The dire shortage of housing affordable to extremely poor people and the chronic shortage of even emergency shelter mean that many people have no other choice but to struggle with living in public places streets, parks, abandoned buildings, and woods. According to HUD’s own data, over 30 percent of all homeless people nationally are unsheltered; each night families and individuals seeking shelter are turned away.
But instead of addressing the affordable housing crisis, many cities are making it a crime to sleep, sit and even eat in public places, as documented in a recent report by the National Law Center on Homelessness & Poverty. Criminalizing homelessness is very ineffective and also expensive: research even shows that it is more expensive than ending it through housing.
Recently, HUD took important steps to reduce criminalization, with incentives to communities that compete for funding from the agency, and early signs are that they are having a positive impact of city policies.
On the other end of the criminalization cycle, public and private landlords often use criminal records as a way to disqualify applicants for housing often without considering whether they have any logical connection to whether the person would be a good tenant. As a result, many people including those who have been criminally punished for their homelessness are unfairly excluded from housing. This can deepen their poverty and push some into homelessness, where they are subjected to criminalization, in a vicious downward cycle.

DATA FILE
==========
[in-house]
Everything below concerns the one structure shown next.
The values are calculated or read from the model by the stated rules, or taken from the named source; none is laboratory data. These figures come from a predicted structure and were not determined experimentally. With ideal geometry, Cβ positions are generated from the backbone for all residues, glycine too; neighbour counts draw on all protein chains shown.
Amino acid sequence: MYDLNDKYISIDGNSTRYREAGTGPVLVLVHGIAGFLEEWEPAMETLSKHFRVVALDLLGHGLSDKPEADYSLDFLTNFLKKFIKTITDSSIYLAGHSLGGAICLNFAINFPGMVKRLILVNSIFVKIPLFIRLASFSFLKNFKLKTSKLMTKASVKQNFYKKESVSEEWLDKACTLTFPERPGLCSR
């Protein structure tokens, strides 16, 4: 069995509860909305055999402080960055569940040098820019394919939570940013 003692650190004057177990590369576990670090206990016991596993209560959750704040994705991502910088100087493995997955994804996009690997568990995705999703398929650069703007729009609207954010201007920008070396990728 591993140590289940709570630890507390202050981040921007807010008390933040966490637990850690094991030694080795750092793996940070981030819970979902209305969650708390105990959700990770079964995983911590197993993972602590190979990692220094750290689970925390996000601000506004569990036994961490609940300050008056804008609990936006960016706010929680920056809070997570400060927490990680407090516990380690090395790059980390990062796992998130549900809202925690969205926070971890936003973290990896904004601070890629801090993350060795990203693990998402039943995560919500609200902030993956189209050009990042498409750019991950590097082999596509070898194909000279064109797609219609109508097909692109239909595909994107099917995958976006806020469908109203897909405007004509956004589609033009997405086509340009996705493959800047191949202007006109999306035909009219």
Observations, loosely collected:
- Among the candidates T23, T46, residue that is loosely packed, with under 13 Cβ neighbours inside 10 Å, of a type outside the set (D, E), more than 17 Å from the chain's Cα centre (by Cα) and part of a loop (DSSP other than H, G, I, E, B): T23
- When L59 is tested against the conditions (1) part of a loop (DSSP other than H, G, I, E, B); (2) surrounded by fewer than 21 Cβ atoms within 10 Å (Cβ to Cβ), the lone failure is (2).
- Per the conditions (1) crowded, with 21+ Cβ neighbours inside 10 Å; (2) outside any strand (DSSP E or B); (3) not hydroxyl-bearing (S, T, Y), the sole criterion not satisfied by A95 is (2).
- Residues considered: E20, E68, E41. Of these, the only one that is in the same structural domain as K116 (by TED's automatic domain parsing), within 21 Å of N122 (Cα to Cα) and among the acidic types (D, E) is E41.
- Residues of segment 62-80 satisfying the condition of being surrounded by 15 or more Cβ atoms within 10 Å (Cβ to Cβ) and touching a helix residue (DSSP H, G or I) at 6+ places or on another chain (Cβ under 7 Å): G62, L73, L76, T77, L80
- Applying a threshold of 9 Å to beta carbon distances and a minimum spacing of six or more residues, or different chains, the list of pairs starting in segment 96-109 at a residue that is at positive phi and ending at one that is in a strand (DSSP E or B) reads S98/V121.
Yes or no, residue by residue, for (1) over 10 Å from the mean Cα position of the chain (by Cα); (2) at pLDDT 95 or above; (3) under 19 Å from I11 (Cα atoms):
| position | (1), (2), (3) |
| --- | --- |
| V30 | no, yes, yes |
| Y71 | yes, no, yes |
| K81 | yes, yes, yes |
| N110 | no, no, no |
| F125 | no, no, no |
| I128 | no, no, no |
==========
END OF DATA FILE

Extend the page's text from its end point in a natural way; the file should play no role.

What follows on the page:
Recently, HUD issued guidance prohibiting widespread bans on housing access based on criminal records. Properly implemented and enforced, it will help open up housing options for people who might otherwise be unfairly excluded, helping them to successfully re-enter their communities. To end and prevent homelessness, these positive steps should continue.
Newly confirmed HUD Secretary, Ben Carson will have an enormous challenge and opportunity to positively affect millions of lives. We all will have to continue being an involved part to the solution to remain an important difference in the lives of those who continue to fight with the struggles of getting affordable housing.
Here at Project WeHope we have several programs to assist our clients into becoming housed. Our case managers handle the transition of our homeless clients into permanent housing from our Transitional Housing Program. We also offer a program that guides them through skills that they can use to get hired soon and become stable in the job market through our H.O.P.E Jobs program. We also have a mobile service call Dignity on Wheels that enhances the hygiene and cleanliness of clothing for unsheltered homeless individuals. That’s some of the ways how we help and find out how you can help us and join the cause by contacting us at firstname.lastname@example.org or giving us a call at 650-330-8000.